Top positive review
24 people found this helpful
Some Mind-Expanding And Thought-Provoking Stuff....
on October 10, 2009
In her article on Colin Wilson in the May 30, 2004 "Observer," reporter Lynn Barber mentioned that the author, then 73, had seemingly read "every book ever written." She also noted that Wilson claimed never to have thrown a book away, and that his home library in Cornwall contained approximately 30,000 volumes. Well, any reader who delves into the author's 1969 offering, "The Philosopher's Stone," is not likely to dispute those statements. Though chosen for inclusion in Cawthorn & Moorcock's "Fantasy: The 100 Best Books," the novel could just as easily have been placed on a Top 100 Horror or Science Fiction list, and its range of literary, cultural, historical and anthropological reference is immense. In his 1961 book "The Strength to Dream"--which he refers to as "a study of the creative imagination"--Wilson had disparaged the works of the great horror writer H.P. Lovecraft, and was challenged by Lovecraft publisher August Derleth to try to write something in the Lovecraft style himself. The result was Wilson's 1967 novel "The Mind Parasites," and "The Philosopher's Stone" finds the author again taking an exceedingly scientific approach to outdo the antiquarian recluse of Providence, and with winning results.
In the novel, we meet Howard Lester, a young scientist who is obsessed with the concepts of life prolongation and the expansion of human consciousness. By manipulating the prefrontal cortex of his brain, he gradually acquires the ability to use "time vision"--to look at an object and see its history--along with numerous lesser abilities. Wilson conflates into his story the mysteries of Stonehenge, Silbury Hill, Chichen Itza and the Voynich Manuscript; weaves in sidelines involving the provenance of Shakespeare's works and a haunted house mystery; treats the reader to numerous speculations regarding the potentialities of the human brain; and ultimately gets very dark and Lovecraftian indeed, as he shows us the true origins of man AND the Cthulhu Mythos! It is one wild story, lemme tell you, both mind-blowing and mind-expanding, and told with such a remarkable amount of scientific detail and citation as to seem absolutely credible. This reader almost found himself believing that he really COULD live forever, if he only stimulated his consciousness enough with what Wilson calls "value experiences," and that he COULD make concrete images appear by using the power of the mind, as Lester learns to do by the novel's end.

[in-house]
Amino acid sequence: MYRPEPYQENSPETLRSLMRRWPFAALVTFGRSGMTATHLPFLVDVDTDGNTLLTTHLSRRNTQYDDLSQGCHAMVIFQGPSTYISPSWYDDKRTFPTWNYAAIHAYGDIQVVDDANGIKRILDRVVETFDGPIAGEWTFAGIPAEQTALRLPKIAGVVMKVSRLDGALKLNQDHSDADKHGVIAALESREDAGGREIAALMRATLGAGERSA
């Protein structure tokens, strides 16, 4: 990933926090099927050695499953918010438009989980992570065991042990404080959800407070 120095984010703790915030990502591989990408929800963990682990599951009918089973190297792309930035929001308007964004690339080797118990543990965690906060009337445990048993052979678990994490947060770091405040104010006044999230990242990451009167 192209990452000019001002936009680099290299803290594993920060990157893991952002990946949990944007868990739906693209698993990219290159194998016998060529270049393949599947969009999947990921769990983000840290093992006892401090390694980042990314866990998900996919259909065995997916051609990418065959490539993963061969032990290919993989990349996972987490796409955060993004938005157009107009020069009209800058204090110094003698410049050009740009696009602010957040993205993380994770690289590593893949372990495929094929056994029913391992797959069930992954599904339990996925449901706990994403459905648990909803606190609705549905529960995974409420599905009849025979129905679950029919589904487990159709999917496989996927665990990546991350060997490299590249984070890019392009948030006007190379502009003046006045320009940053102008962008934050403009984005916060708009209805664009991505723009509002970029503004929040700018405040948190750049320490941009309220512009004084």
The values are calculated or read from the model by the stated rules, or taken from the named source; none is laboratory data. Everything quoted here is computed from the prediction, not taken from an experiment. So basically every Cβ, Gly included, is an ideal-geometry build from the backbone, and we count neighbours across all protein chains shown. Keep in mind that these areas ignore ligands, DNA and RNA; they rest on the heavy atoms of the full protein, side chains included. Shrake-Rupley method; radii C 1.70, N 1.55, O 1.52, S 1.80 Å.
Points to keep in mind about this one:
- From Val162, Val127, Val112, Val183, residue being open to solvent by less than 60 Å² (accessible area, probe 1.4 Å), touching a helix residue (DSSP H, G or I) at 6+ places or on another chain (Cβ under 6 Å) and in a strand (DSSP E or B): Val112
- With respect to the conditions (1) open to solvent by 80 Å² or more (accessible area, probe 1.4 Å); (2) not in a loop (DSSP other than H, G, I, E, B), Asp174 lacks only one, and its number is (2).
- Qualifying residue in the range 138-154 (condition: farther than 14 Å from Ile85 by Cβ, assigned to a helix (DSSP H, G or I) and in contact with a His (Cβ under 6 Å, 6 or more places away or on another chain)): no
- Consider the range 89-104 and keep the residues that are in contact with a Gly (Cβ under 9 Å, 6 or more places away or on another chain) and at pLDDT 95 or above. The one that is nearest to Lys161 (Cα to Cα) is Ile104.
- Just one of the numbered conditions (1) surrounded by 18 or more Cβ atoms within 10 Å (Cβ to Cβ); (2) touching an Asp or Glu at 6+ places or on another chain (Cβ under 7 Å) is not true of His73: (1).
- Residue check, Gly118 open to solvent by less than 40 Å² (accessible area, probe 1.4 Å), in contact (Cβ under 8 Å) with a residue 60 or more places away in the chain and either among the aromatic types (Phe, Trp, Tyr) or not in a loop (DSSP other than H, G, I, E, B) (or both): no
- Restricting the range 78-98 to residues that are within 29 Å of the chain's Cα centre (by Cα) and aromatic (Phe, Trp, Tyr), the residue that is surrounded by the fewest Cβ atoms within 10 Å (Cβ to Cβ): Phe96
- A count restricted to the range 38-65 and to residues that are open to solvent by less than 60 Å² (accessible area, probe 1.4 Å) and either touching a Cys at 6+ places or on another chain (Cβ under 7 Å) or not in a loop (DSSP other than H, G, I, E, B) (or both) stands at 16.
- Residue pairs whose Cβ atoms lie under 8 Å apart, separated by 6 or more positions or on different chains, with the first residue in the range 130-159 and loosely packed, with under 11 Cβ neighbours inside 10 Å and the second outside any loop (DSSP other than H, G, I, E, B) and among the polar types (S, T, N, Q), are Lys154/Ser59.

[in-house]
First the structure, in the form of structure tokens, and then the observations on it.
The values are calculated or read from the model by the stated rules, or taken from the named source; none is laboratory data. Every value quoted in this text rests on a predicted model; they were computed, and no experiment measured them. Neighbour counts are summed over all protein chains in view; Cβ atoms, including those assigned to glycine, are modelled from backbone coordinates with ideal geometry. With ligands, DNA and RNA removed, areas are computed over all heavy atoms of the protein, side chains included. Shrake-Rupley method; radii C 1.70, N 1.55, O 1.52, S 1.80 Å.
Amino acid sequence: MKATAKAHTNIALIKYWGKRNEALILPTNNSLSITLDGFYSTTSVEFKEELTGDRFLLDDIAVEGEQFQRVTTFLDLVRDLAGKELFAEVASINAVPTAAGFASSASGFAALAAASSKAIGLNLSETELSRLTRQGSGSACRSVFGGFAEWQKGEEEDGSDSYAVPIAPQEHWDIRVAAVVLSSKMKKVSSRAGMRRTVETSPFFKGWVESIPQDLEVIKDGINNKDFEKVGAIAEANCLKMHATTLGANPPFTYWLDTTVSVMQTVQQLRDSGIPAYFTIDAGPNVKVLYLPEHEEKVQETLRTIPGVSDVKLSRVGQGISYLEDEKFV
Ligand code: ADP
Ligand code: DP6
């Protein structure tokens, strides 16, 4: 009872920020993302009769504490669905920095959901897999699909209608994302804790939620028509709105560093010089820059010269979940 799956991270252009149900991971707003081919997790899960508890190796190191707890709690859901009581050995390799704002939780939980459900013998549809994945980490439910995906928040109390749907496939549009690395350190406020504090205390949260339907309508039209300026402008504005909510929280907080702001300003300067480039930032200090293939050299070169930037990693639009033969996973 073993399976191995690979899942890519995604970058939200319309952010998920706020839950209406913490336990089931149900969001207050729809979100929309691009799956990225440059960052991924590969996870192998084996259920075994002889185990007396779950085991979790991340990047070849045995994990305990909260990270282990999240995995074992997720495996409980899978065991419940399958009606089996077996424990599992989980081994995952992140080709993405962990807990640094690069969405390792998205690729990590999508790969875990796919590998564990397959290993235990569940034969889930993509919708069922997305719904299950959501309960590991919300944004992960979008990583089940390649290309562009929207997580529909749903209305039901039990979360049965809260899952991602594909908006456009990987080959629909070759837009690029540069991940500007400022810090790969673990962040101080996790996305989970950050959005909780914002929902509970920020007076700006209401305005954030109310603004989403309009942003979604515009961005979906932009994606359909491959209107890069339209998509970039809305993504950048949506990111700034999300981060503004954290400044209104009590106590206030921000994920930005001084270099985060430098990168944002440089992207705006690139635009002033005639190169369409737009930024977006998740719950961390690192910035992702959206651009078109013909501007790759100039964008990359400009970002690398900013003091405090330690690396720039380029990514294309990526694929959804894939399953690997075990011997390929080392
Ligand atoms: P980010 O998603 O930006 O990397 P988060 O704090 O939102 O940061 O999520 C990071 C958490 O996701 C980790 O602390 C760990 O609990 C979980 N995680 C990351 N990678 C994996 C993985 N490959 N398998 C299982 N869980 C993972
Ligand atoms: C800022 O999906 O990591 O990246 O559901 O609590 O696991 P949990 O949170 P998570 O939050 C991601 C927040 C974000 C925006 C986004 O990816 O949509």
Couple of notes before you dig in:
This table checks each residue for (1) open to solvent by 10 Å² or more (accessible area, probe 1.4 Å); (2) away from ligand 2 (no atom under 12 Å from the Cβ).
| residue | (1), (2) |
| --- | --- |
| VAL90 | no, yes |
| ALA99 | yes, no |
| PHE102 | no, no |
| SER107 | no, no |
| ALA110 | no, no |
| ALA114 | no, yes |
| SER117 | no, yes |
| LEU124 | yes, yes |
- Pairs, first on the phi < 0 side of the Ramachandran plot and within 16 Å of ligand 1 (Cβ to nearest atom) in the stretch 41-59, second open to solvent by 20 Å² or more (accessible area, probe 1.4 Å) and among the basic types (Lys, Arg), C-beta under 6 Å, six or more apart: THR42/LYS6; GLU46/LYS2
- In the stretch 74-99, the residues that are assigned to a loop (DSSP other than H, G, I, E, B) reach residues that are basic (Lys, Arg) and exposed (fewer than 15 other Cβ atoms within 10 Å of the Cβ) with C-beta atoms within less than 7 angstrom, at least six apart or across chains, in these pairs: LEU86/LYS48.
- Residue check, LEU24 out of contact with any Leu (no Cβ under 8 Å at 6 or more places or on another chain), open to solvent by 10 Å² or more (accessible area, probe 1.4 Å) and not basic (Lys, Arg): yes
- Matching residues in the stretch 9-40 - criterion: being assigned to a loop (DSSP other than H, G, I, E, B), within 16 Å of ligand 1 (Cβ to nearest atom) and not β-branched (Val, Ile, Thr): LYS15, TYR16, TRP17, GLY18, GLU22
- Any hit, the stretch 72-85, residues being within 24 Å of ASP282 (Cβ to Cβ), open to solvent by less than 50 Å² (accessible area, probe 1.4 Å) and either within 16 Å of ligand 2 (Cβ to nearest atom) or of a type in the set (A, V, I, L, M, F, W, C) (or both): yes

"The Philosopher's Stone," it must be said, is not an "easy" book. Wilson, self-proclaimed genius that he is, has, as I've mentioned, thrown in an incredible number of references into his novel; by my count, 214 that sent me scurrying to my encyclopedia, atlas and the Interwebs to check out. He is seemingly knowledgeable of every obscure philosopher (George Edward Moore, Henri Bergson, Edmund Husserl, etc.), mathematician (Julius Dedekind, Carl Gauss, Karl Weierstrass, etc.), composer (Ralph Vaughn Williams, Roland de Lassus, Carlo Gesualdo, etc.), Mayan authority (Diego de Landa, Whorf, Knorozov, etc.) and alchemist (Cornelius Agrippa, Alkindi, Costa ben Luca, etc.) who's ever lived, and the average reader will most likely learn an awful lot by the time he/she finishes this book. Wilson must have an IQ like a telephone number, but fortunately for the reader, he also has an astonishingly fine imagination to match. That said--and far be it for me to contradict a self-styled genius!--there do seem to be some slight problems with his book. He refers to a Grand Rapids, Illinois somewhere, when all we Yanks know that the city is in Michigan. He gets some quotes wrong, as far as I can tell: the Yeats poem referred to should read "truth flourishes where the student's lamp shines," NOT "where the scholar's lamp has shone." And he even misquotes his hero, George Bernard Shaw. The quote should read "minding your own business is like minding your own body--it's the shortest way to make yourself sick," NOT "the quickest way." He gets the title of a Benjamin Britten work incorrect; it's "A Boy Was Born," NOT "A Boy Is Born." And the title of G.C. Vaillant's book is "The Aztecs In Mexico," NOT "The Aztecs Of Mexico." Perhaps worst of all, in his description of the continent of Mu, he depicts a humongous chasm on the east coast; a little later, that same chasm is said to be on the west coast. Still, these are quibbles; the efforts of a comparative dunderhead to tweak a man who is manifestly some kind of evolutionary "throw forward" (to quote Wilson in this novel). The bottom line is that Wilson has written, in "The Philosopher's Stone," not just an engrossing and fun read, but one guaranteed to make the reader wonder and think. This is a great book.